Object Title

Shaffron

Shaffron

Date

1500

Object Number

VI.323

Provenance

Transferred from the Rotunda Museum of Artillery, Woolwich 1927. From Rhodes, acquired by Sir J. Lefroy, 1867.

Physical Description

Formed of one large fluted plate covering the front of the horse's head, with attached side, nose, eye and ear plates.


The main plate has a diagonally fluted, low, medial ridge, above and below a flat area with a hole where the escutcheon would have been fitted. Above this area, the plate is of rounded section, below it boxed, with an angle curving at either side from the eye to the nose. From the central area, above and below and at either side, groups of six shallow curved flutes flare out. Those below reverse directions at the box, forming chevrons, with five more flutes added below. At the lower end, a flute curves into the ridge at the nose. The edges of the plate are plain, and cusped with the fluting at either side. A row of lining rivets runs at either side from the eye to the upper medial ridge. There is a modern rivet at the main edge between the eye and ear-pieces at either side. The ear-pieces are leaf-shaped, curving inward and of rounded section, and each is embossed with thirteen flutes radiating from the lower medial area. The edges are cusped with the fluting, and bevelled. The left is secured by five brass-capped rivets without washers, the right by modern dome-headed rivets.


The poll-plate is lost; two rivets at the upper edge of the main plate reveal its former presence.


The eye-pieces are modern; each is attached at a flange by four rivets, is embossed with six outward-curving flutes, with a cusped and bevelled edge. The side-pieces are pointed at their lower ends, and flare towards their upper edges, with cut-outs for the eyes. They are attached to the main-plate, by which each is overlapped, by six rivets. Each is embossed with ten flutes, continuing those on the main plate, and has triangular embossings at the edge within the flutes. At the upper corner is a rivet hole for the attachment of a strap.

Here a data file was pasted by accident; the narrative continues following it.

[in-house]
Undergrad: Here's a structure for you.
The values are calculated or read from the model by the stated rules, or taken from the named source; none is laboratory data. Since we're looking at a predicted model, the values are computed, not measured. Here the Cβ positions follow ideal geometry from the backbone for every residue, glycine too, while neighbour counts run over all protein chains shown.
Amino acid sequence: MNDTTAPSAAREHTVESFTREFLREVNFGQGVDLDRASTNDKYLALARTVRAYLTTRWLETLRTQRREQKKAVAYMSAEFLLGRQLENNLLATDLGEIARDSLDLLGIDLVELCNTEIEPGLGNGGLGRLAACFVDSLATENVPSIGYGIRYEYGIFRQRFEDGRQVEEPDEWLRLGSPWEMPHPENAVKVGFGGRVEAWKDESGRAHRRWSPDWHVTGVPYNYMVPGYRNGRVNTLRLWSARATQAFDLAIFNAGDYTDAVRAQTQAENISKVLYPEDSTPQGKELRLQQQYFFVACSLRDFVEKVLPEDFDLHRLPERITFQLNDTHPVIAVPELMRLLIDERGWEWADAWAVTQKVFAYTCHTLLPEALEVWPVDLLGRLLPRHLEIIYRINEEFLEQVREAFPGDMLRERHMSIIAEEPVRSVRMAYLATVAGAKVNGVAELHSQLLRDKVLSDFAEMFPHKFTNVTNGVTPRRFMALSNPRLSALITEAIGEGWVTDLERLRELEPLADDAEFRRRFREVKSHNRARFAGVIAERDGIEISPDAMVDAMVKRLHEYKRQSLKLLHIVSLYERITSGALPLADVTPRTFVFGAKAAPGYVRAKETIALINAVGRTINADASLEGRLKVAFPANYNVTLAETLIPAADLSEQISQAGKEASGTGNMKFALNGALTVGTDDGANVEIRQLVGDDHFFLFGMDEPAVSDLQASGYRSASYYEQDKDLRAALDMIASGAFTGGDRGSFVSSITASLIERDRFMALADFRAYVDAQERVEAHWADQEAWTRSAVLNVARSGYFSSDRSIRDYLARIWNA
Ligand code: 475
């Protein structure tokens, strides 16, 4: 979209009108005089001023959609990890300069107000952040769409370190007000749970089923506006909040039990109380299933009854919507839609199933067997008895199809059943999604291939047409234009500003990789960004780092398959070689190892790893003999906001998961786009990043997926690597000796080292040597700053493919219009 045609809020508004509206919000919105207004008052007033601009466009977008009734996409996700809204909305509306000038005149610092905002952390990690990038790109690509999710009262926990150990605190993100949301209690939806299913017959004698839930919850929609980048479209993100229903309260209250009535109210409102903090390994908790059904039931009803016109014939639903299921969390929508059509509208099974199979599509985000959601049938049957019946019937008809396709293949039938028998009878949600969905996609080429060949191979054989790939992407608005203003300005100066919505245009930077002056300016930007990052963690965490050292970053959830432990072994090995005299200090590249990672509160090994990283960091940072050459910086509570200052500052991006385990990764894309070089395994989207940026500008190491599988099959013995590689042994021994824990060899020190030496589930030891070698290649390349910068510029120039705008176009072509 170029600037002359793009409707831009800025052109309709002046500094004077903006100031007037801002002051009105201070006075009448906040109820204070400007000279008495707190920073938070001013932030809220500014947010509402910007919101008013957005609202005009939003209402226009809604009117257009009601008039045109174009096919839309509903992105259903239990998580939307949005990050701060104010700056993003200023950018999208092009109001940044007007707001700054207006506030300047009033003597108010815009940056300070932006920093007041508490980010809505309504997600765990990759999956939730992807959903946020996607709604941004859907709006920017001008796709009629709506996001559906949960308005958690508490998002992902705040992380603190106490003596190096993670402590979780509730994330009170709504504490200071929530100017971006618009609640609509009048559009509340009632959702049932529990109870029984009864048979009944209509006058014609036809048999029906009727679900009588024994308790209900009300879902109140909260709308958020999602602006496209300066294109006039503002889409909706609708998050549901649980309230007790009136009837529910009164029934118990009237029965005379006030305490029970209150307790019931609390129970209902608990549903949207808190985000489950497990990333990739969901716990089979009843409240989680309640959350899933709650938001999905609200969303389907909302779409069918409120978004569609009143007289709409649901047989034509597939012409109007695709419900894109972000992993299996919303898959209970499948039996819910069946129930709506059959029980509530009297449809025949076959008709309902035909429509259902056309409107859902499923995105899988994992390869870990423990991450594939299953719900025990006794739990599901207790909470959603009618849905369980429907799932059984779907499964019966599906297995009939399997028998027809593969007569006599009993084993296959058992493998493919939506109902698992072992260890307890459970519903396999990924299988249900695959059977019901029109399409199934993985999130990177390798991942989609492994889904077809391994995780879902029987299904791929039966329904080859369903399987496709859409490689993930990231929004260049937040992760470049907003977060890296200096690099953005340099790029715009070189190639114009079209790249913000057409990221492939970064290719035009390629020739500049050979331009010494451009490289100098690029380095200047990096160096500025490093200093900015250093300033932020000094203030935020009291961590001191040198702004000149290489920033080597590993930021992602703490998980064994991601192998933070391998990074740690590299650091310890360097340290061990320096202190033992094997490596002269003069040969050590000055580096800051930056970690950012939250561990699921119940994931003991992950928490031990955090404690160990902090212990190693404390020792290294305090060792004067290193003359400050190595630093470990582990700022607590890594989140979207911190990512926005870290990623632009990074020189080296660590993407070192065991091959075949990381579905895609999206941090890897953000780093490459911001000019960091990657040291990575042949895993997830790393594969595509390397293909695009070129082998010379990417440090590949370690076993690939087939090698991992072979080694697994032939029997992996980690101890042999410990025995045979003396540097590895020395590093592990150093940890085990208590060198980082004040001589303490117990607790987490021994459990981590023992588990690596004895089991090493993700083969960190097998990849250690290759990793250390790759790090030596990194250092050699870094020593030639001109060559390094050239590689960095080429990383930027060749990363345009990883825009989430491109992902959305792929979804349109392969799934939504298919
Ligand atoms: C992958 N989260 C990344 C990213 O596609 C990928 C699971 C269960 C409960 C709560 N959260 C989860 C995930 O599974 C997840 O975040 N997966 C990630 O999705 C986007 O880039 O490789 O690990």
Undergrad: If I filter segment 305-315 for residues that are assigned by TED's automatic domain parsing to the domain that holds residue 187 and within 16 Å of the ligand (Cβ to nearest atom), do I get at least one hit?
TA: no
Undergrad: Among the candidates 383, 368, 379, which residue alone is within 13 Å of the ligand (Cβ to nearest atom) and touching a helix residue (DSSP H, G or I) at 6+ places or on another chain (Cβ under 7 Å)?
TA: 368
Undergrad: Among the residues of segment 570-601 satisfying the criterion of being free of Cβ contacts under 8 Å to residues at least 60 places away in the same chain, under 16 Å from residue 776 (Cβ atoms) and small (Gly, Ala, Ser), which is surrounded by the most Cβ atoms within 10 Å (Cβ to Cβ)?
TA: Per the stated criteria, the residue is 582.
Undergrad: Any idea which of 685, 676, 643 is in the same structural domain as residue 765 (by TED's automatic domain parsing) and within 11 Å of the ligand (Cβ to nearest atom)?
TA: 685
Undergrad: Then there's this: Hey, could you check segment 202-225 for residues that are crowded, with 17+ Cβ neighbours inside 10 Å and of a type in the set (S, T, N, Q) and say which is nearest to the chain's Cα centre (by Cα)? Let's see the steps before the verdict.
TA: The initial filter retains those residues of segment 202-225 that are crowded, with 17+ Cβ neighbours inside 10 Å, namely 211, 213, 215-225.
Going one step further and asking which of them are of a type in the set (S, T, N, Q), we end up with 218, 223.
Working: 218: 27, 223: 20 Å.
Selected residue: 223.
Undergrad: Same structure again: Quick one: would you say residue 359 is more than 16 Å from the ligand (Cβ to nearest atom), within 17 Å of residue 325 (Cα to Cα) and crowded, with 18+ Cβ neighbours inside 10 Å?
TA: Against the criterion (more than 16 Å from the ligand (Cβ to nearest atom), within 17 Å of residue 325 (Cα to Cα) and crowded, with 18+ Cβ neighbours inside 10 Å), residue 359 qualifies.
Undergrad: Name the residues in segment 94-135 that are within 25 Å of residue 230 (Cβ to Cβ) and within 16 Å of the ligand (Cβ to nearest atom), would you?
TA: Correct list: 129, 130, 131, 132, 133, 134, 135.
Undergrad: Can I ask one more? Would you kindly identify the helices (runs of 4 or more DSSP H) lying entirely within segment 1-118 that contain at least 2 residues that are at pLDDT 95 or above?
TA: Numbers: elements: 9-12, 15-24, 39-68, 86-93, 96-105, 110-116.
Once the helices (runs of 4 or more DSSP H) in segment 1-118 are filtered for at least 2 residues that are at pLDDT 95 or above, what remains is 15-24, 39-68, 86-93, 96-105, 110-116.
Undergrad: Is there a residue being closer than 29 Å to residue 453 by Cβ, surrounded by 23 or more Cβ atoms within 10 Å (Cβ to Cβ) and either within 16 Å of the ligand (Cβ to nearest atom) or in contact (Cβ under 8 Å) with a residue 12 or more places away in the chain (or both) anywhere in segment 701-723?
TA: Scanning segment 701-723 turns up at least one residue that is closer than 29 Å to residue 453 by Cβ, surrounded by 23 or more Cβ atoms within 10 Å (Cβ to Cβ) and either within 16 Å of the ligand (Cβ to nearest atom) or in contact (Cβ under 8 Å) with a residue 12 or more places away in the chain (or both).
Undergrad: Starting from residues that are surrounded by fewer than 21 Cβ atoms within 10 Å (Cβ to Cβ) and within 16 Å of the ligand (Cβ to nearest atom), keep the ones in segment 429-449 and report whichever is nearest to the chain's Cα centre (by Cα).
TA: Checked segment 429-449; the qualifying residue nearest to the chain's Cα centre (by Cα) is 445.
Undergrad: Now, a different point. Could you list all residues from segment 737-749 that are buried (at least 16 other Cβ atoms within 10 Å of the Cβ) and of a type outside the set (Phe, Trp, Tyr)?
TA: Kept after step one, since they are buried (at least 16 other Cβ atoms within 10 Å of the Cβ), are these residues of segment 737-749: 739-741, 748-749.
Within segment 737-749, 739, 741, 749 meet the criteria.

Formed of one large fluted plate with attached side, nose, The nose-piece has a blunt medial point. It is attached to the main-plate by five rivets, all modern except that at the centre. Its upper edge is bordered by a transverse ridge, flanked by sunken, incised bands, the lower of which is expanded into a medial point which develops into a dentated medial ridge over the lower part of the lame. At either side are five broad flutes, slightly curved and offset with thick incised lines. The lower edge is cusped with the fluting. The medial point is broken-off and corroded.


The original rivets are of iron, with domed brass caps and circular hollow internal washers, retaining fragments of leather lining-band. Seventeen of the brass caps are lost.

Featured in

Hundred Years War

Dimensions

Dimensions: Length 590 mm, width 270 mm, depth 184 mm Weight: 1.55 kg

Inscriptions and Marks

At the lower rear of the left side-piece is stamped the Rotunda number, MA 2361.

Associations

Bibliographic References

A R Dufty and W Reid, European Armour in the Tower of London, 1968, plate CXLIV.

Official Catalogue of the Museum of Artillery in the Rotunda, Woolwich, London, 1873: 140, MA 2361

Official Catalogue of the Museum of Artillery in the Rotunda, Woolwich, London, 1889: 150, no. 16/290

W J Karcheski Jr and T Richardson, The medieval armour from Rhodes, Leeds, Royal Armouries 2000: no. 12.2

C. Paggiarino, The Royal Armouries, masterpieces of medieval and renaissance arms and armour, Milan, 2011, volume 1

Notes

Another shaffron of this same type, catalogue number 12.3, is also from Rhodes. Compare also an example from the von Kienbusch collection now in the Philadelphia Museum of Art, no. 1977-167-268 (Kienbusch 1963: 218, no. 214, pl. lxxvi) formerly Meyrick, Keasbey and Dean collections, and one in the Victoria and Albert Museum, no. M45.1927; and one in the Royal Armouries, no. vi.408, formerly de Cosson, Alfred Cox of Glendoick, Perth, and Richard Williams collections (Laking 1920 III: 187, fig. 998), which was thought by Williams to be from Rhodes (Williams 1955: 75).